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Michael Darroch (Windsor) Giedion and Explorations: Transatlantic Influences on the Toronto School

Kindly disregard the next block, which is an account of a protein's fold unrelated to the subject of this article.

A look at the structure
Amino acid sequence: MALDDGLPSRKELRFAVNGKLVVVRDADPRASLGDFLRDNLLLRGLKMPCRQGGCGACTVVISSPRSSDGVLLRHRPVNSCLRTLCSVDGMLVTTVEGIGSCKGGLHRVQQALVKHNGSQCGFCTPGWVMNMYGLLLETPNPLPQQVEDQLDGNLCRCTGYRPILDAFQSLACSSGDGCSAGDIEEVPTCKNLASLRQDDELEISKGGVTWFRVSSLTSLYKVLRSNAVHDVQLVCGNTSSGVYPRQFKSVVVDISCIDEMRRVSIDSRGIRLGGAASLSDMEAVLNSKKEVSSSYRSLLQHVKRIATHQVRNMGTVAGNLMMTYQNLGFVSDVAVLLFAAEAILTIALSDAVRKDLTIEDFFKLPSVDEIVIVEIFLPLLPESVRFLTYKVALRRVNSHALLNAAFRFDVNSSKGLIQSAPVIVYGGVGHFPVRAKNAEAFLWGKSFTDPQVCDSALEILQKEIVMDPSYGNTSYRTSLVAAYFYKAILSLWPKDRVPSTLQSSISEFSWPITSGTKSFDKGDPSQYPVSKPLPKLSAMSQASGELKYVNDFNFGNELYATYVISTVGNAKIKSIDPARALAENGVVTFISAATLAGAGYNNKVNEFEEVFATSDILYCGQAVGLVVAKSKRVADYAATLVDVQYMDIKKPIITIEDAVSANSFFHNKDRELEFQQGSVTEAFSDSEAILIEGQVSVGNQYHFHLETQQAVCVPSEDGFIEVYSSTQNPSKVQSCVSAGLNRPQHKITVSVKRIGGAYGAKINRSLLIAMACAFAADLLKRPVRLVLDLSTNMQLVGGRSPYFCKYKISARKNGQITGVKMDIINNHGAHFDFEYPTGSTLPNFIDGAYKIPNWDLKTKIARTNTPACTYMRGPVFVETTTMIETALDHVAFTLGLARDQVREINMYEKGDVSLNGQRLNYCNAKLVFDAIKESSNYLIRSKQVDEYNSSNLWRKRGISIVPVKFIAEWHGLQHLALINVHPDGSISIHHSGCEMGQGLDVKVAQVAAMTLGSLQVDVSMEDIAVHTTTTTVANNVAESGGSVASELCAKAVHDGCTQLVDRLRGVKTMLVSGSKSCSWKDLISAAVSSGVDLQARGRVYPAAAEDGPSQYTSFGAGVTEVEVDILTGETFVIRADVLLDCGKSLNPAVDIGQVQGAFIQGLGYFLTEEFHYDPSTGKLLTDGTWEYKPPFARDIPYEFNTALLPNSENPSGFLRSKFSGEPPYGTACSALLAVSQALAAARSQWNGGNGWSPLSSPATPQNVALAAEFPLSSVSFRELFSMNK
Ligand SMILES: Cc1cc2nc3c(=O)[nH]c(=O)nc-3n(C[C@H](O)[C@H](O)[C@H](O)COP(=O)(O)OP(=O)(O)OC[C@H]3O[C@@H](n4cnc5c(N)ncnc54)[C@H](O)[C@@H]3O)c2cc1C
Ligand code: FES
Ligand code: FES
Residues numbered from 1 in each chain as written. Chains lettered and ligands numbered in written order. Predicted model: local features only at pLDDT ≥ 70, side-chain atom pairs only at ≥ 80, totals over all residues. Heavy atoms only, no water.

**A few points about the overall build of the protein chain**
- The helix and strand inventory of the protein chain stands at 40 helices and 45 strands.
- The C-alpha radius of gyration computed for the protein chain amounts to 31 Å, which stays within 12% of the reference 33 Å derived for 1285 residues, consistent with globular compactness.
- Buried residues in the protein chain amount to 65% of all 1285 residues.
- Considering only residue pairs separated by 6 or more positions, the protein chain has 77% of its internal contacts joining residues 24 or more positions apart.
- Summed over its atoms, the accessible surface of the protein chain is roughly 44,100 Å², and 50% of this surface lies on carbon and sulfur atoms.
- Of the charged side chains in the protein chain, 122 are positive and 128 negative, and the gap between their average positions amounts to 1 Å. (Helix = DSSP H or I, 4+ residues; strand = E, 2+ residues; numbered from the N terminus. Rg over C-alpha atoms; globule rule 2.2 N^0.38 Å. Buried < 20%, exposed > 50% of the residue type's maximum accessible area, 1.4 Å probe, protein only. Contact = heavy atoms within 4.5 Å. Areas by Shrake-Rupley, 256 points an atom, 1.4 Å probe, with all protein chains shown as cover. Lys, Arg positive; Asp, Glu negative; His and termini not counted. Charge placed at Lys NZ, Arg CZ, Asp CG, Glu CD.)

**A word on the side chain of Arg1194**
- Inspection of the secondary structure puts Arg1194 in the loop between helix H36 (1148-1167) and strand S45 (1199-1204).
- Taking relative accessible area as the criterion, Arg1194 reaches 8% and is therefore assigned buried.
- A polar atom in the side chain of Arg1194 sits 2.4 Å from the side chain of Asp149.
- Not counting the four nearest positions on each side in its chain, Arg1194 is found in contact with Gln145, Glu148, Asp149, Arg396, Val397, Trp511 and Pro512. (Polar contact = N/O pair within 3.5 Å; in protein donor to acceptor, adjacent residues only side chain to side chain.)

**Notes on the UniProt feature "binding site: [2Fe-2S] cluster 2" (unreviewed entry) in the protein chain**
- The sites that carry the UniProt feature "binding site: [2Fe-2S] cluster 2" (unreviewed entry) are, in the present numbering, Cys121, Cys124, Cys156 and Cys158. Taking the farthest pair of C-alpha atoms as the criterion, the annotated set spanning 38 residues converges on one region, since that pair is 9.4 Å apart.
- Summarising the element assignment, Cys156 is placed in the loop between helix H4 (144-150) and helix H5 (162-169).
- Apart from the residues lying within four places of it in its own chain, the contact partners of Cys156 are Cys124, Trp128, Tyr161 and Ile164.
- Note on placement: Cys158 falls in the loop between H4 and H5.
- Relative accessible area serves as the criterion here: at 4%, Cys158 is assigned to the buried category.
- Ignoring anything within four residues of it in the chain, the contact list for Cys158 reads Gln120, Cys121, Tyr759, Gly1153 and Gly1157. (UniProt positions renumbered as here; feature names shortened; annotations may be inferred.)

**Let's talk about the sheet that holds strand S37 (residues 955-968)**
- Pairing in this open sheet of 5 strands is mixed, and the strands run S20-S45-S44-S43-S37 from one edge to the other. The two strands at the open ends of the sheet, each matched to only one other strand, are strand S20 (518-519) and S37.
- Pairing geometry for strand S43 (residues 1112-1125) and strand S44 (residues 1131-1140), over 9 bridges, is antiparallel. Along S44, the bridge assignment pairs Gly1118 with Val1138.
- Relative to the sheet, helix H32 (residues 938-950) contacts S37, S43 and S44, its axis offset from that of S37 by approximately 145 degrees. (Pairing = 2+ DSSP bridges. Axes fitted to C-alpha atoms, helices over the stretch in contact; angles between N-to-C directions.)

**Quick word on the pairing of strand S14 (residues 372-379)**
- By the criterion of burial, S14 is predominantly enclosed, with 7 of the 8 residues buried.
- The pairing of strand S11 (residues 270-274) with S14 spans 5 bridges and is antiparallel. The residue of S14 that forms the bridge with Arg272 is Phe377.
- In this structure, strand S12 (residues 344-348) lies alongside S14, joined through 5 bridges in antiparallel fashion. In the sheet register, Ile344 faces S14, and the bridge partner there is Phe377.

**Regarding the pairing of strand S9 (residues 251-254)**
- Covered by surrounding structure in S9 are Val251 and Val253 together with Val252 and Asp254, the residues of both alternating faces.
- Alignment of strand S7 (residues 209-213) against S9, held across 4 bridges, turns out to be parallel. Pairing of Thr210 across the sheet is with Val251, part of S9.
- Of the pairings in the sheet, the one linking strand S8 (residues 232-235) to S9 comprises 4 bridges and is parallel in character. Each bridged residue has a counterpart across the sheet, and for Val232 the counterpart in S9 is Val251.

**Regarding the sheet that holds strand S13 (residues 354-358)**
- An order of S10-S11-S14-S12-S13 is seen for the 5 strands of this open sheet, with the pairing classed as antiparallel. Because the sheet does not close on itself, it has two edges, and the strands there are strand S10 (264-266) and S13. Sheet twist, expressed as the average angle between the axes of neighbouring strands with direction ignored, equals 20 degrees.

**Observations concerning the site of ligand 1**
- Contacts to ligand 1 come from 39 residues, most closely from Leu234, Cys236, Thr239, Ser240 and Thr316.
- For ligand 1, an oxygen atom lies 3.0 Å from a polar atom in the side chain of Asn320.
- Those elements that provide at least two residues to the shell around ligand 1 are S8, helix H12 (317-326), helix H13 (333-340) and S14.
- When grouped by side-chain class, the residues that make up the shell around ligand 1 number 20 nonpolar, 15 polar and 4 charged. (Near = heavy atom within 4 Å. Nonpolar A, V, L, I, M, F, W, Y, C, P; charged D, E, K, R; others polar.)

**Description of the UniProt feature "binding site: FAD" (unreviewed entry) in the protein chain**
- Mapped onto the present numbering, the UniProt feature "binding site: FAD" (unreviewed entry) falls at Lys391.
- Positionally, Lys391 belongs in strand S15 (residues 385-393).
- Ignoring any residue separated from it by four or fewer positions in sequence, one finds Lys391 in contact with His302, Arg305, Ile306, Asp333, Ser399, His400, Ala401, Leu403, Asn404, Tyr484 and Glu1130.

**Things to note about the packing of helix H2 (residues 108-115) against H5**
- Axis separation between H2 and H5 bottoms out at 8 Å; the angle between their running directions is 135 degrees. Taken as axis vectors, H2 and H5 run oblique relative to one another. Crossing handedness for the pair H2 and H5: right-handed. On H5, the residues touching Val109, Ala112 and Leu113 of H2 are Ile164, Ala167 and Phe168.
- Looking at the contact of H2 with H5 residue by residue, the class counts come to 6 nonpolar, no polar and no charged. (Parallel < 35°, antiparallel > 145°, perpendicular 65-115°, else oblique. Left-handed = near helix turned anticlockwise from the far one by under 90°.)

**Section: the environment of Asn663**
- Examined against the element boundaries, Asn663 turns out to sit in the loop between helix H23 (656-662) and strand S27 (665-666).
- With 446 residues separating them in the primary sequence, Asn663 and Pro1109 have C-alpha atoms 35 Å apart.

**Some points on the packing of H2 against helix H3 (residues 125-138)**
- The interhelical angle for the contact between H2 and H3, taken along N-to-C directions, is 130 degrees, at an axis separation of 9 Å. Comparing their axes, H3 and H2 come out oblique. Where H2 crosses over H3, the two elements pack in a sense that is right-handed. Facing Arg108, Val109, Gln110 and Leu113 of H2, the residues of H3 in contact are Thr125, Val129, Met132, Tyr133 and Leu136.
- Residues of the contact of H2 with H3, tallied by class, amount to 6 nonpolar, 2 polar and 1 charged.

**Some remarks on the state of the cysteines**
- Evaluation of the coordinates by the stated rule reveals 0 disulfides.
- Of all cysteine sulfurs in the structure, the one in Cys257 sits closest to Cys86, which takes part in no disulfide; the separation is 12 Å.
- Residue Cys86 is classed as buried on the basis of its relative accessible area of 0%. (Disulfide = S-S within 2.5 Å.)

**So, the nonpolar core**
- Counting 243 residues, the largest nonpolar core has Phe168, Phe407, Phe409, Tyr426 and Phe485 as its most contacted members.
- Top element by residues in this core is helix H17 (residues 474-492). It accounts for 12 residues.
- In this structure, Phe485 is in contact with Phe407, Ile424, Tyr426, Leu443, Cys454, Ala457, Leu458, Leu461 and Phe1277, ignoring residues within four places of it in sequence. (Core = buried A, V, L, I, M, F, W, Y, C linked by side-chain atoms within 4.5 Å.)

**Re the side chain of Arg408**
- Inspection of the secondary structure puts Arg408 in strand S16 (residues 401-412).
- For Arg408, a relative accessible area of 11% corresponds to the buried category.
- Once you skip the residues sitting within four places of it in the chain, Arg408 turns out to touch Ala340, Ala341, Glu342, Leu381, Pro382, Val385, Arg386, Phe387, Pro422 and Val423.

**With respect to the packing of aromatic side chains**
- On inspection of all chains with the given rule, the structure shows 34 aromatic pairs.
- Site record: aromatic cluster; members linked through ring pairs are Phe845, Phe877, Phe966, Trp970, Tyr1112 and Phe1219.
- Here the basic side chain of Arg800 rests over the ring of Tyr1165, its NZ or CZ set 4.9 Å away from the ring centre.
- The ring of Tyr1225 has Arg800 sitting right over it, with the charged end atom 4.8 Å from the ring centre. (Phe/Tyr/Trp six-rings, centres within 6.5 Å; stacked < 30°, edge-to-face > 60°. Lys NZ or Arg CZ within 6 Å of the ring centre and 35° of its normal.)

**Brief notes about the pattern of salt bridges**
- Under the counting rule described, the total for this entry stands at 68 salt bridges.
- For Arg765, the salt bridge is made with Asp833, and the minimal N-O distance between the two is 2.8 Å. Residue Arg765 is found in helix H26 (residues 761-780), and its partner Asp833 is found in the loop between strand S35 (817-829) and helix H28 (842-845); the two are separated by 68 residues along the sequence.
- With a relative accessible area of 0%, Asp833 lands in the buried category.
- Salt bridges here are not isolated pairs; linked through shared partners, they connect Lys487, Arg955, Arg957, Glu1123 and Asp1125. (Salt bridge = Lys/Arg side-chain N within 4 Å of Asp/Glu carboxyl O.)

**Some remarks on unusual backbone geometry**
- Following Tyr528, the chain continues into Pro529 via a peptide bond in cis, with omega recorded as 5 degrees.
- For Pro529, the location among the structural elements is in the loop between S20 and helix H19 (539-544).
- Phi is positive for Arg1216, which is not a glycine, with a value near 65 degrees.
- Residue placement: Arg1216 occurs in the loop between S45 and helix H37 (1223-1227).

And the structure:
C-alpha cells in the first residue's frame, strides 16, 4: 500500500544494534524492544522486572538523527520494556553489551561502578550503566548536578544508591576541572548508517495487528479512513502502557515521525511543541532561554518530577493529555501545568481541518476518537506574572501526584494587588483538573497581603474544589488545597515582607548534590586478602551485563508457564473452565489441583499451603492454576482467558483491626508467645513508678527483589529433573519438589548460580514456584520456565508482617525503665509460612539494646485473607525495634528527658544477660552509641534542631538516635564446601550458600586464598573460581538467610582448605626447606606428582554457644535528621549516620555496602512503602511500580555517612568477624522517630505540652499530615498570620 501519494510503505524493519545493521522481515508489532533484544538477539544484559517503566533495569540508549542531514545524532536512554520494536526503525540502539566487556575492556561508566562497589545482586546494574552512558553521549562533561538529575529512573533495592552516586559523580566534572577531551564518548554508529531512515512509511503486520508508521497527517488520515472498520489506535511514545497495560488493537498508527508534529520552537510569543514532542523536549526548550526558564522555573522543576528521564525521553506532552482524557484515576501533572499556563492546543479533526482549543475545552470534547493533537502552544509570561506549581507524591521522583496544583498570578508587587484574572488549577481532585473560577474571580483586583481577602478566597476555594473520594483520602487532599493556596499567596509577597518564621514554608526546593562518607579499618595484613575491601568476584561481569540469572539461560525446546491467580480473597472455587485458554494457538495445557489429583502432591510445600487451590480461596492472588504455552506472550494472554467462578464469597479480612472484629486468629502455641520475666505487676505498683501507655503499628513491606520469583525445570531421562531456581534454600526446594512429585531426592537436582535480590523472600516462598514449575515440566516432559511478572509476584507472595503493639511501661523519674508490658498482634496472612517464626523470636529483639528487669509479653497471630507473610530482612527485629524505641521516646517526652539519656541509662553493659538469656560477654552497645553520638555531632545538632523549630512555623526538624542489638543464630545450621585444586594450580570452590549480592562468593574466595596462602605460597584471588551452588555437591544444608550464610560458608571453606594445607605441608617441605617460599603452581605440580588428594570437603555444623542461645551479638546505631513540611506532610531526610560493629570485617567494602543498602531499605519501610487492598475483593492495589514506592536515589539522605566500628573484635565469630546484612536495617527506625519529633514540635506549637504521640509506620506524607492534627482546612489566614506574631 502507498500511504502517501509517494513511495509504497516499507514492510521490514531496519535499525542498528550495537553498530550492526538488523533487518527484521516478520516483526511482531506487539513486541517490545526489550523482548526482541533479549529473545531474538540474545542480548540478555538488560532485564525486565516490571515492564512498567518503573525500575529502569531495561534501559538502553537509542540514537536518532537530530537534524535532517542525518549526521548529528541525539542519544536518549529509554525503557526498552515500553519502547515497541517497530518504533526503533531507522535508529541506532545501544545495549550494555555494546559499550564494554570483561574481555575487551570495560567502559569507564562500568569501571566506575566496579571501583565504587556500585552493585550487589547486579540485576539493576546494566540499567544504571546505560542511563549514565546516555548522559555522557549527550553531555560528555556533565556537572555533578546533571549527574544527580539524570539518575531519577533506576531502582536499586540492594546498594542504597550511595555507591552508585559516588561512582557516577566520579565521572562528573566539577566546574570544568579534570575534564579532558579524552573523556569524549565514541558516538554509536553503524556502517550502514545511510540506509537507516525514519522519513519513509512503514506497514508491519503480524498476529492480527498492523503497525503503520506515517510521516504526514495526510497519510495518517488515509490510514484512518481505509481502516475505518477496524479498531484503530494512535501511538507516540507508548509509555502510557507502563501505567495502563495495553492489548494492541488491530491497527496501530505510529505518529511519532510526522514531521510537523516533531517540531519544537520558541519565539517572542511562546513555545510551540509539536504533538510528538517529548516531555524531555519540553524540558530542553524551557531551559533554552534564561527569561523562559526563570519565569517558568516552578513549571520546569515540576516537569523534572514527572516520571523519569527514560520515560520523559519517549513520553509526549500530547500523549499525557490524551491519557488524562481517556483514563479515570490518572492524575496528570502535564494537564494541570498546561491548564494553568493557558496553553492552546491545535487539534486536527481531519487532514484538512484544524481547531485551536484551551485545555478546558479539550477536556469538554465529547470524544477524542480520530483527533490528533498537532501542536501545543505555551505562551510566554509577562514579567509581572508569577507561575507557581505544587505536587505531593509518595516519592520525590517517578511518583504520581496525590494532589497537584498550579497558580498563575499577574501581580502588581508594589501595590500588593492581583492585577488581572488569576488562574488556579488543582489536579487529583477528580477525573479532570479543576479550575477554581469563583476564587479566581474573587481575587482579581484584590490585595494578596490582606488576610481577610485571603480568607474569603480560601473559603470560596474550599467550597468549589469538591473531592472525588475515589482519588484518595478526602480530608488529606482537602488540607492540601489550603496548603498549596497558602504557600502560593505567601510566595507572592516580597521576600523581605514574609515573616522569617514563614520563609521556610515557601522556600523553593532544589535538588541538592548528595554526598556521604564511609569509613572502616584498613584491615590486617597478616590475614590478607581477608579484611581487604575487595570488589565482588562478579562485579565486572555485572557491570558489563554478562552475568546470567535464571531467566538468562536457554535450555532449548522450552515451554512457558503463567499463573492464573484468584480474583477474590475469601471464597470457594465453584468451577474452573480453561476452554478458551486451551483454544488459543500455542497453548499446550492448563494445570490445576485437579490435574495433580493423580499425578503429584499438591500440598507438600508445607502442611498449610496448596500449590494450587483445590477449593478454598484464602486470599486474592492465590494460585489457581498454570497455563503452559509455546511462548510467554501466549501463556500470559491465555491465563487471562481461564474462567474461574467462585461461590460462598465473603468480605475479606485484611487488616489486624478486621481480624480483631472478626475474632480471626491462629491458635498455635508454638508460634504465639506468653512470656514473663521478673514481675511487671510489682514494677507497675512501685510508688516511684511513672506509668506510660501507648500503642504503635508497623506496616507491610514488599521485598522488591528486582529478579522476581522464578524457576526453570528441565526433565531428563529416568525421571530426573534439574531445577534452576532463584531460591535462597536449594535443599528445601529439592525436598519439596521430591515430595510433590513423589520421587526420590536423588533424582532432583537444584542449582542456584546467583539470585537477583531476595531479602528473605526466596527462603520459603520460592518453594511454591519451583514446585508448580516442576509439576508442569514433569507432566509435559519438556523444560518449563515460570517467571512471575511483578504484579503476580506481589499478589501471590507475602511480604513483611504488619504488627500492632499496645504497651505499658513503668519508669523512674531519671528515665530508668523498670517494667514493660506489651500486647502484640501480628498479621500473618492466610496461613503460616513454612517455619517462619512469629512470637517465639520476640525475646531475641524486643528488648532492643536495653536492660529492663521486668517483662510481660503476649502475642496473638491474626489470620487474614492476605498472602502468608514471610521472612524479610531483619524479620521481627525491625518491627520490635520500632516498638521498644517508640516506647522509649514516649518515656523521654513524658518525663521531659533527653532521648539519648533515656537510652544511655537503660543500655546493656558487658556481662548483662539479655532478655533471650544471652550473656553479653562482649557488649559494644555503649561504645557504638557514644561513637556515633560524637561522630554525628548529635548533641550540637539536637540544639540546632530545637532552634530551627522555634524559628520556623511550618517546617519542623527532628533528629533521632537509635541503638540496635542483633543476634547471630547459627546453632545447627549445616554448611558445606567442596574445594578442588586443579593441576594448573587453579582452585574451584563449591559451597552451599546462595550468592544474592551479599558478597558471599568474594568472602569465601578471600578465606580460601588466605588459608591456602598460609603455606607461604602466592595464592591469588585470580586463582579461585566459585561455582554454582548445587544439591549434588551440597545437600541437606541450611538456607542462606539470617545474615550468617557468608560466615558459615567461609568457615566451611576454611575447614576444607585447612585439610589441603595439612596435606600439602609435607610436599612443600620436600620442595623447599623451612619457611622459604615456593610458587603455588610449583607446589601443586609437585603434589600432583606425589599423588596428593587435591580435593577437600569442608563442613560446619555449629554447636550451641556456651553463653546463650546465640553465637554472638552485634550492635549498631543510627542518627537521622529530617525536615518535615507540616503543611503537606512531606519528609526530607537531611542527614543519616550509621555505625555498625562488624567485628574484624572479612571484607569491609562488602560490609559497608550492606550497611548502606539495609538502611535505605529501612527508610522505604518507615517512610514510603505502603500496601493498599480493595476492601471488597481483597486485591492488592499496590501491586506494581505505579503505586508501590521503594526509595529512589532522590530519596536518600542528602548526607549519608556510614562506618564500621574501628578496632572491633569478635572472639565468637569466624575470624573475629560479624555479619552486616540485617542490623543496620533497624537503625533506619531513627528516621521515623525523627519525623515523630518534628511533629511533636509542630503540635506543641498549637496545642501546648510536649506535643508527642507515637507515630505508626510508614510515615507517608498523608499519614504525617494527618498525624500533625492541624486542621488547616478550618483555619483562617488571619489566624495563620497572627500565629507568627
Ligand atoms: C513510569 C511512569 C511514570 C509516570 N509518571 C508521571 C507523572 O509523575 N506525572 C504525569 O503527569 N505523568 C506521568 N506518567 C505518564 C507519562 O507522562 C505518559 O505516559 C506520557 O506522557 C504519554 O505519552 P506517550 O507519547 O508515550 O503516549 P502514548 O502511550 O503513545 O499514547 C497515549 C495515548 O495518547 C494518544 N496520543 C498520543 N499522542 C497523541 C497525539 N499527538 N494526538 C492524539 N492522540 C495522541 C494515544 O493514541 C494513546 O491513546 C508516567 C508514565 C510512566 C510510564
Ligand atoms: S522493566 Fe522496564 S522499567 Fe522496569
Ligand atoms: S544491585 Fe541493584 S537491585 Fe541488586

In the context of examining the continuing influence of Toronto School thinkers on contemporary theories of media and the materialities of communication in German-speaking Europe, it is vital to recognise transatlantic influences on the development of the Toronto School in the first place. This paper examines the influence of the Swiss art historian and architectural critic Sigfried Giedion on the collaborative work that developed during the Culture and Communications Seminar (1953-55) and the publication of the Explorations journal (1953-59) at the University of Toronto. Funded by a Ford Foundation grant, and chaired by Marshall McLuhan, the graduate seminar was co-directed by cultural anthropologist Edmund Carpenter along with British urban planner Jaqueline Tyrwhitt, political scientist Thomas Easterbrook and psychologist D. Carleton Williams. They sought to develop interdisciplinary methodologies using a ‘field’ approach to discern the new grammars and environments created by electronic communications technologies. The radical interdisciplinary Explorations journal, edited by Carpenter and co-edited by the other seminar leaders, was launched as a means of “cutting across the arts and social sciences by treating them as a continuum,” placing special emphasis on studying the effects of media on oral, visual, and post-visual cultures. Building on Harold Innis’ thesis of the bias of communication, the group turned to the work of Giedion as a guiding theme. Connected to modernist architectural and town-planning movements --including Bauhaus and CIAM (Congrès international d’architecture moderne which he founded with Le Corbusier in 1928)-- Giedion represented a postwar wave of humanistic, interdisciplinary scholarship that would have a profound influence on the group’s direction. In McLuhan’s well-known letter to Innis (14 March 1951), in which he first proposed the seminar, he noted that Giedion’s two classics Space, Time and Architecture (1941) and Mechanization Takes Command (1948) were the central inspiration for this “experiment in communication.” Giedion’s writings on architectural history, town planning and the cultural history of mechanisation came to dominate the weekly seminar discussions and media experiments conducted by the group. In all his historical studies of architecture and everyday life, Giedion was committed to crossing the boundaries between science, technology and art as a means to engage with history as a living process of “manifold relations” (1948: 3). Mechanization Takes Command was centred on a methodological approach to what Giedion called the ‘anonymous history’ of everyday objects and cultural phenomena that reveal the essential spirit of their period. In the age of mechanization, technological developments had severed our capacity to think from our capacity to feel, a rupture represented by the disjunction between natural and human sciences and their shared connection to human expression. As early as 1943, when McLuhan and Giedion began to correspond, Giedion promoted the belief that ‘interrelations’ between arts, sciences, and humanities must become the focus, and not the exception, of university research. In many ways, the Culture and Communications Seminar and Explorations journal represented such an attempt to bridge disciplinary boundaries. Giedion’s ideas were represented in seminar discussions by Jaqueline Tyrwhitt, who served as translator, editor and arguably co-author of many of his writings over a period of twenty years, and who was herself an integral member of CIAM’s British wing. She acted as a mediator between Giedion’s conception of anonymous history and McLuhan and Carpenter’s argument that electronic media were creating an acoustic post-visual cosmos. Under the influence of Giedion’s work, a methodology grew out of the seminar that viewed the environment as an active rather than a passive space. For McLuhan, the encounter with different spatial disciplines (art history, anthropology, economics, architecture and town planning) would have a decisive impact on the conceptual frameworks he carried from English studies, placing an emphasis on both history and geography. Focused on culture as a landscape, the Explorations journal published writings by group members along with anthropological studies of media effects, experimental poetry, scientific studies, and urban studies. The journal was an experimental space, including contributions of many established and new scholars across the arts, humanities, social and natural sciences. The seminar and journal thus form an important starting point for defining the research agenda of the Toronto School and represent an important turn towards interdisciplinary research in Canada. Together, they helped initiate a Canadian tradition of studying culture, communication, and media. This paper is based on a close examination of Giedion’s works and original archival research into the group’s papers.